TIPS & TRICKS

Active Directory Replication and Windows Server 2012 R2

If you have upgraded your Active Directory domain to Windows Server 2012 R2 and use the Splunk App for Active Directory, you may have noticed that the replication statistics script doesn’t work the same way as on older versions of Windows. Specifically, the ad-repl-stats.ps1 script takes forever to run and consumes just about as much memory as you can give it. This is because of a change in the implementation of the System.DirectoryServices.ActiveDirectory API that Microsoft provides. In prior releases of Windows Server, the API was lazy – data was only filled in within the objects when the data was requested. In Windows Server 2012 R2, those same objects filled in the data at instantiation. When we read the replication status object, all the replicated objects were loaded immediately, causing a major performance impact.

Fortunately, we’ve got all the facilities to correct this. As part of the PowerShell v3 release, we also got our hands on some new PowerShell cmdlets for managing Active Directory. These are contained in the RSAT-ADDS Windows Feature (which you will need to install on each domain controller). I created a new script called replication-stats.ps1 with the following contents:

Import-Module ActiveDirectory -ErrorAction SilentlyContinue

Get-ADReplicationPartnerMetaData -Target $env:ComputerName -PartnerType Inbound -Partition * | %{
    $src_host = Get-ADObject -Filter * `
        -SearchBase $_.Partner.Replace("CN=NTDS Settings,","") `
        -SearchScope Base -Properties dNSHostName

    New-Object PSObject -Property @{
        LastAttemptedSync = $_.LastReplicationAttempt
        LastSuccessfulSync = $_.LastReplicationSuccess
        Result = $_.LastReplicationResult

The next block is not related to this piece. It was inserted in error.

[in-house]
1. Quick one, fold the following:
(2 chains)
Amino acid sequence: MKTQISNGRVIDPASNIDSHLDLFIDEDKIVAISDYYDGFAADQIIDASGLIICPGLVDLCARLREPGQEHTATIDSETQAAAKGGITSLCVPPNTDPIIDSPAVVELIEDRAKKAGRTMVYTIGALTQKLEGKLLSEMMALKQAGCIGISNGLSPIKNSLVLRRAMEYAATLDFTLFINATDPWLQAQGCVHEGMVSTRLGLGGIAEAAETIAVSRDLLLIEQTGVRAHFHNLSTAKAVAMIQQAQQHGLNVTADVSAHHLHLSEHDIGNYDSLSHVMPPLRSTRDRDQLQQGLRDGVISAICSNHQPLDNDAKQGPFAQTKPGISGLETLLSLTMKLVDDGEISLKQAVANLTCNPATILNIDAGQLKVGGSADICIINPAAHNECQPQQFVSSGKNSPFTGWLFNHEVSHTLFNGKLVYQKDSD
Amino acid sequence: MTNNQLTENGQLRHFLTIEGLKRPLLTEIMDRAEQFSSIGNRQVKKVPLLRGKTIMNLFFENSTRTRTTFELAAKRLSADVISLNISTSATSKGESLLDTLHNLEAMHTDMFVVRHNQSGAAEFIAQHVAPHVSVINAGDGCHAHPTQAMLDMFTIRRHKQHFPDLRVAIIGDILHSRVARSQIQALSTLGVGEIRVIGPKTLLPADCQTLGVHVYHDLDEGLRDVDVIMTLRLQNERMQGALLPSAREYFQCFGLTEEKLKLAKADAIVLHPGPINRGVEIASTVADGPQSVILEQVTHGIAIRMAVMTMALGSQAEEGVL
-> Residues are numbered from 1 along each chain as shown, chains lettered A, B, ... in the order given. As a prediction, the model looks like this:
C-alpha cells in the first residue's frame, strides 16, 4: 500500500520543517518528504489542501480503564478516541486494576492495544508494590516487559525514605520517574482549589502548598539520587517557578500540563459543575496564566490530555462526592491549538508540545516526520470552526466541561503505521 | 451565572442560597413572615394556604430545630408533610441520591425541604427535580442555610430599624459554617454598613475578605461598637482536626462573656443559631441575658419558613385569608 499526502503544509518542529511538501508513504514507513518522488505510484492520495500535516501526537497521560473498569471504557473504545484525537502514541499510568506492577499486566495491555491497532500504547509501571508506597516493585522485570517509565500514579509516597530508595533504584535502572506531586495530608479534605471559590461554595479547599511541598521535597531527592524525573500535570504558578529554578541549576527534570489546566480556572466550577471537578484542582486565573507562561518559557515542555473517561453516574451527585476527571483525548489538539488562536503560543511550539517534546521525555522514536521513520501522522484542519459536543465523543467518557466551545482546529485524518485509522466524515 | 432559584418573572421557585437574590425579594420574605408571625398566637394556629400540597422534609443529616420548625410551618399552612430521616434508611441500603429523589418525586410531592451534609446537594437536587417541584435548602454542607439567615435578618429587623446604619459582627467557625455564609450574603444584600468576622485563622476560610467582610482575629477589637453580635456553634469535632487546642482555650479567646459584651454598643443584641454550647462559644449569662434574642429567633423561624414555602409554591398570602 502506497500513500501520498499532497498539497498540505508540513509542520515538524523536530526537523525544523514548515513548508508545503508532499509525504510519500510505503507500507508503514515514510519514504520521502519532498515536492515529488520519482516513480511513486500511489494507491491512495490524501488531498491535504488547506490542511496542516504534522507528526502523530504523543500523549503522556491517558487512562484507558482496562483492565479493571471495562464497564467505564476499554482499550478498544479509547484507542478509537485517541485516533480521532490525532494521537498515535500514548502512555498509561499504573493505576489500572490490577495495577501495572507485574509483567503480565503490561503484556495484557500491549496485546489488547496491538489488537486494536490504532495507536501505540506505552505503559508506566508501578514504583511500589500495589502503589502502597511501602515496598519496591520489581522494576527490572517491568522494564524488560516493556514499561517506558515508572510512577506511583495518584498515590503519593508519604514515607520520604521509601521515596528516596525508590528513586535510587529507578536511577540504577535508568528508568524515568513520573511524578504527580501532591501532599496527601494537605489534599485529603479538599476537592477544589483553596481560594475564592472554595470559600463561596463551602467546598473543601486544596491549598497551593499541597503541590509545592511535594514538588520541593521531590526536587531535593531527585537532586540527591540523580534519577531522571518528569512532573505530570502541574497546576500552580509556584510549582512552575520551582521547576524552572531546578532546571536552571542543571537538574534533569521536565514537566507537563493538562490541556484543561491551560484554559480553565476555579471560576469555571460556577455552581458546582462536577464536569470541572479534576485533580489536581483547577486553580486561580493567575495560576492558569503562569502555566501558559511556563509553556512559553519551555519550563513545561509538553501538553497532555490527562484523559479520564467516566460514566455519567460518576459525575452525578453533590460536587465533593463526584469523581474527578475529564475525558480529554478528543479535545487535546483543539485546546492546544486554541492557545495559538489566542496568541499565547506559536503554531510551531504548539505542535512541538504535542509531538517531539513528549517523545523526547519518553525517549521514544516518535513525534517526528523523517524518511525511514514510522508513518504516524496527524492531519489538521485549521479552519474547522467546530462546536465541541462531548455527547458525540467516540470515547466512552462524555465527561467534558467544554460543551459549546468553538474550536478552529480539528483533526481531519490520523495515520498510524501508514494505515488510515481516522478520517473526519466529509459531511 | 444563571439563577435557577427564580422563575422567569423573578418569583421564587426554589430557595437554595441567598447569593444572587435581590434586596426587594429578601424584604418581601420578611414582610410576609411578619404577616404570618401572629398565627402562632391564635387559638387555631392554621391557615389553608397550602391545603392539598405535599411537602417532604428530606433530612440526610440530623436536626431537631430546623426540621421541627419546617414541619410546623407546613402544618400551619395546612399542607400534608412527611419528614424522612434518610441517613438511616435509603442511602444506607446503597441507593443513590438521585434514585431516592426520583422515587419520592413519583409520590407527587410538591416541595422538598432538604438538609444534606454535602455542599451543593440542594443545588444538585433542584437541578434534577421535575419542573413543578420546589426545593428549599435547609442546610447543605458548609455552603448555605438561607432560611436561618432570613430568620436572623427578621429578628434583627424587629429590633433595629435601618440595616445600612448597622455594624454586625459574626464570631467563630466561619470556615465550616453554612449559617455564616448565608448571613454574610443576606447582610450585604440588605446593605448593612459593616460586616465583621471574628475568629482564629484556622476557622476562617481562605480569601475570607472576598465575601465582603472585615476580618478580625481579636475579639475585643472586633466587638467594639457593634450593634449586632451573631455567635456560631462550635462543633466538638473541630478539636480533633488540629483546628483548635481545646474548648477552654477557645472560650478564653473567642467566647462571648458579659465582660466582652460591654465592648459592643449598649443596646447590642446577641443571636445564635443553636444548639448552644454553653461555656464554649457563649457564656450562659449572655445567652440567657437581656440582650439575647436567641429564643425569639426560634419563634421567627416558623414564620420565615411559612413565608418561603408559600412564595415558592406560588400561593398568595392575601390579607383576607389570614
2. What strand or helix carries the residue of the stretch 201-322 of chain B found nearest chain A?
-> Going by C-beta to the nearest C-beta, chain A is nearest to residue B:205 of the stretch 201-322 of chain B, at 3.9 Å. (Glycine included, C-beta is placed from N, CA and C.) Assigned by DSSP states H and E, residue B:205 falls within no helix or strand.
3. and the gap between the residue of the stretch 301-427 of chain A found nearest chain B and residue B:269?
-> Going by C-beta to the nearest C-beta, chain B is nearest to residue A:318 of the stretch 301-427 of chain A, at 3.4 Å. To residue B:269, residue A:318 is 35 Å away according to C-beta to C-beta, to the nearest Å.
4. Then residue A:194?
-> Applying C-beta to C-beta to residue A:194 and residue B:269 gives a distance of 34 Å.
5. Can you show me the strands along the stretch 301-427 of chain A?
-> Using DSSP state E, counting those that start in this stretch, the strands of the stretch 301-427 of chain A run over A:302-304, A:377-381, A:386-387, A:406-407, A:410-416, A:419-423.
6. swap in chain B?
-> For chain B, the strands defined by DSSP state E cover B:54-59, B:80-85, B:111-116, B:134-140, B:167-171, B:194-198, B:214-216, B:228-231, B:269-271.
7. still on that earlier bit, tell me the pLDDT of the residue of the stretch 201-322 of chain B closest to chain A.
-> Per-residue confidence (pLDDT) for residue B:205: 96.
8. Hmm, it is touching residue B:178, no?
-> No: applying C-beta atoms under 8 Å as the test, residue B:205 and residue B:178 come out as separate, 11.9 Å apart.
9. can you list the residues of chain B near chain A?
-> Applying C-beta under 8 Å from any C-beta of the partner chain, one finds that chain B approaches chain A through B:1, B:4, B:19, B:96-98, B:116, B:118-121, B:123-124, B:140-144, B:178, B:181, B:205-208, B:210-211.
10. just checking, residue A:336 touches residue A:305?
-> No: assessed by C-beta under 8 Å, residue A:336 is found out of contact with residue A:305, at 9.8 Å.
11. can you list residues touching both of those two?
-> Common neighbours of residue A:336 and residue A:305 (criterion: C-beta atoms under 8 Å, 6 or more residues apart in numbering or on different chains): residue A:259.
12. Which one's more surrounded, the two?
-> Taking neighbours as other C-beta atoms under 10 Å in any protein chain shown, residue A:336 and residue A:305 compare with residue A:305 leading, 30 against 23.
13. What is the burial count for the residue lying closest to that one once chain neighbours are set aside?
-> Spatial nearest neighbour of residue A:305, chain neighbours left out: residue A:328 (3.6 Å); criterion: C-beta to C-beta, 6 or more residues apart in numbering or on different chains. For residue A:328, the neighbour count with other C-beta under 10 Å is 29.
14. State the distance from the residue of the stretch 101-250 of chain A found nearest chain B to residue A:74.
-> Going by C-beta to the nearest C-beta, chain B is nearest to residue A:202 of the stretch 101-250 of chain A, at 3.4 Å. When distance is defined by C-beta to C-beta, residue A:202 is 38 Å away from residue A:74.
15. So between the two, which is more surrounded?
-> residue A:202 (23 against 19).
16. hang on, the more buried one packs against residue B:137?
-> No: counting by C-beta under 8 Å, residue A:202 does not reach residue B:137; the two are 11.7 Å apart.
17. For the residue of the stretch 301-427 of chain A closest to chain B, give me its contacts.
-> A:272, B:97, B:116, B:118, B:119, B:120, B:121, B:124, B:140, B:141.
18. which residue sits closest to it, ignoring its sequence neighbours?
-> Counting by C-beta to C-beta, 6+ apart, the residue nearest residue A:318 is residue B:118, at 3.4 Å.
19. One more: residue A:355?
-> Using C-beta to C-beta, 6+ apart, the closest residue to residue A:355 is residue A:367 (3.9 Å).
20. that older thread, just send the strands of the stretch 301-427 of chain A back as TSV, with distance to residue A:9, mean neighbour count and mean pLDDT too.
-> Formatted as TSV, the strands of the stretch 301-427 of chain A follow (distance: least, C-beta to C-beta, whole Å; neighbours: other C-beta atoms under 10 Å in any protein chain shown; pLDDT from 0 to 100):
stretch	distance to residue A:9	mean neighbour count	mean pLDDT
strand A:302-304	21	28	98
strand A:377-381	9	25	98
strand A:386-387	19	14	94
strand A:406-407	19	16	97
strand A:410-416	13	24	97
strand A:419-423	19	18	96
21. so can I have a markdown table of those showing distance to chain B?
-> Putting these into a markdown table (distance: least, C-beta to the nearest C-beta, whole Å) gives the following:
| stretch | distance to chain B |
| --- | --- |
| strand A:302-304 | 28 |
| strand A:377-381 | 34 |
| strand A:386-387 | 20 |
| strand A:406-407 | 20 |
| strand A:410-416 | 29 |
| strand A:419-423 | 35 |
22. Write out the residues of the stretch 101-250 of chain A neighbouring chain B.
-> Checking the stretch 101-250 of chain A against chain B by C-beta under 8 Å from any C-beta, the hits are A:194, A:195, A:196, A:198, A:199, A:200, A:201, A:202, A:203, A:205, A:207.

transport = $_.IntersiteTransportType
        naming_context = $_.Partition
        type = "ReplicationEvent"
        usn = $_.LastChangeUsn
        src_host = $src_host.dNSHostName
    }
}

The primary source of information is the Get-ADReplicationPartnerMetaData, which provides details of the replication partnerships on the current host. We convert the partner into the source host using Get-ADObject. Now the output has exactly the same fields as the old ad-repl-stat.ps1 script. To run it, we need to schedule it using our SA-ModularInput-PowerShell add-on (which you will also need to install on each domain controller). Switch the scripted input for ad-repl-stat.ps1 for the following within inputs.conf:

script = & “$SplunkHome\etc\apps\ad-repl-stats\bin\replication-stats.ps1” schedule = 30 */5 * ? * * index = msad source = Powershell sourcetype = MSAD:NT6:Replication disabled = false

Once you push out the change (including the required SA-ModularInput-PowerShell) and restart the forwarder (if you are installing SA-ModularInput-PowerShell), you will get the replication data flowing within five minutes. This will enable the replication status report to work for your Windows Server 2012 R2 servers again.

This change will be built into a future version of the Splunk App for Active Directory; for those who need it now, my advice is to create a new app with just this data input in it. Disable the ad-repl-stat.ps1 scripted input in the regular TA as well. This will enable a smooth upgrade when this data input is integrated into the Splunk App for Active Directory.

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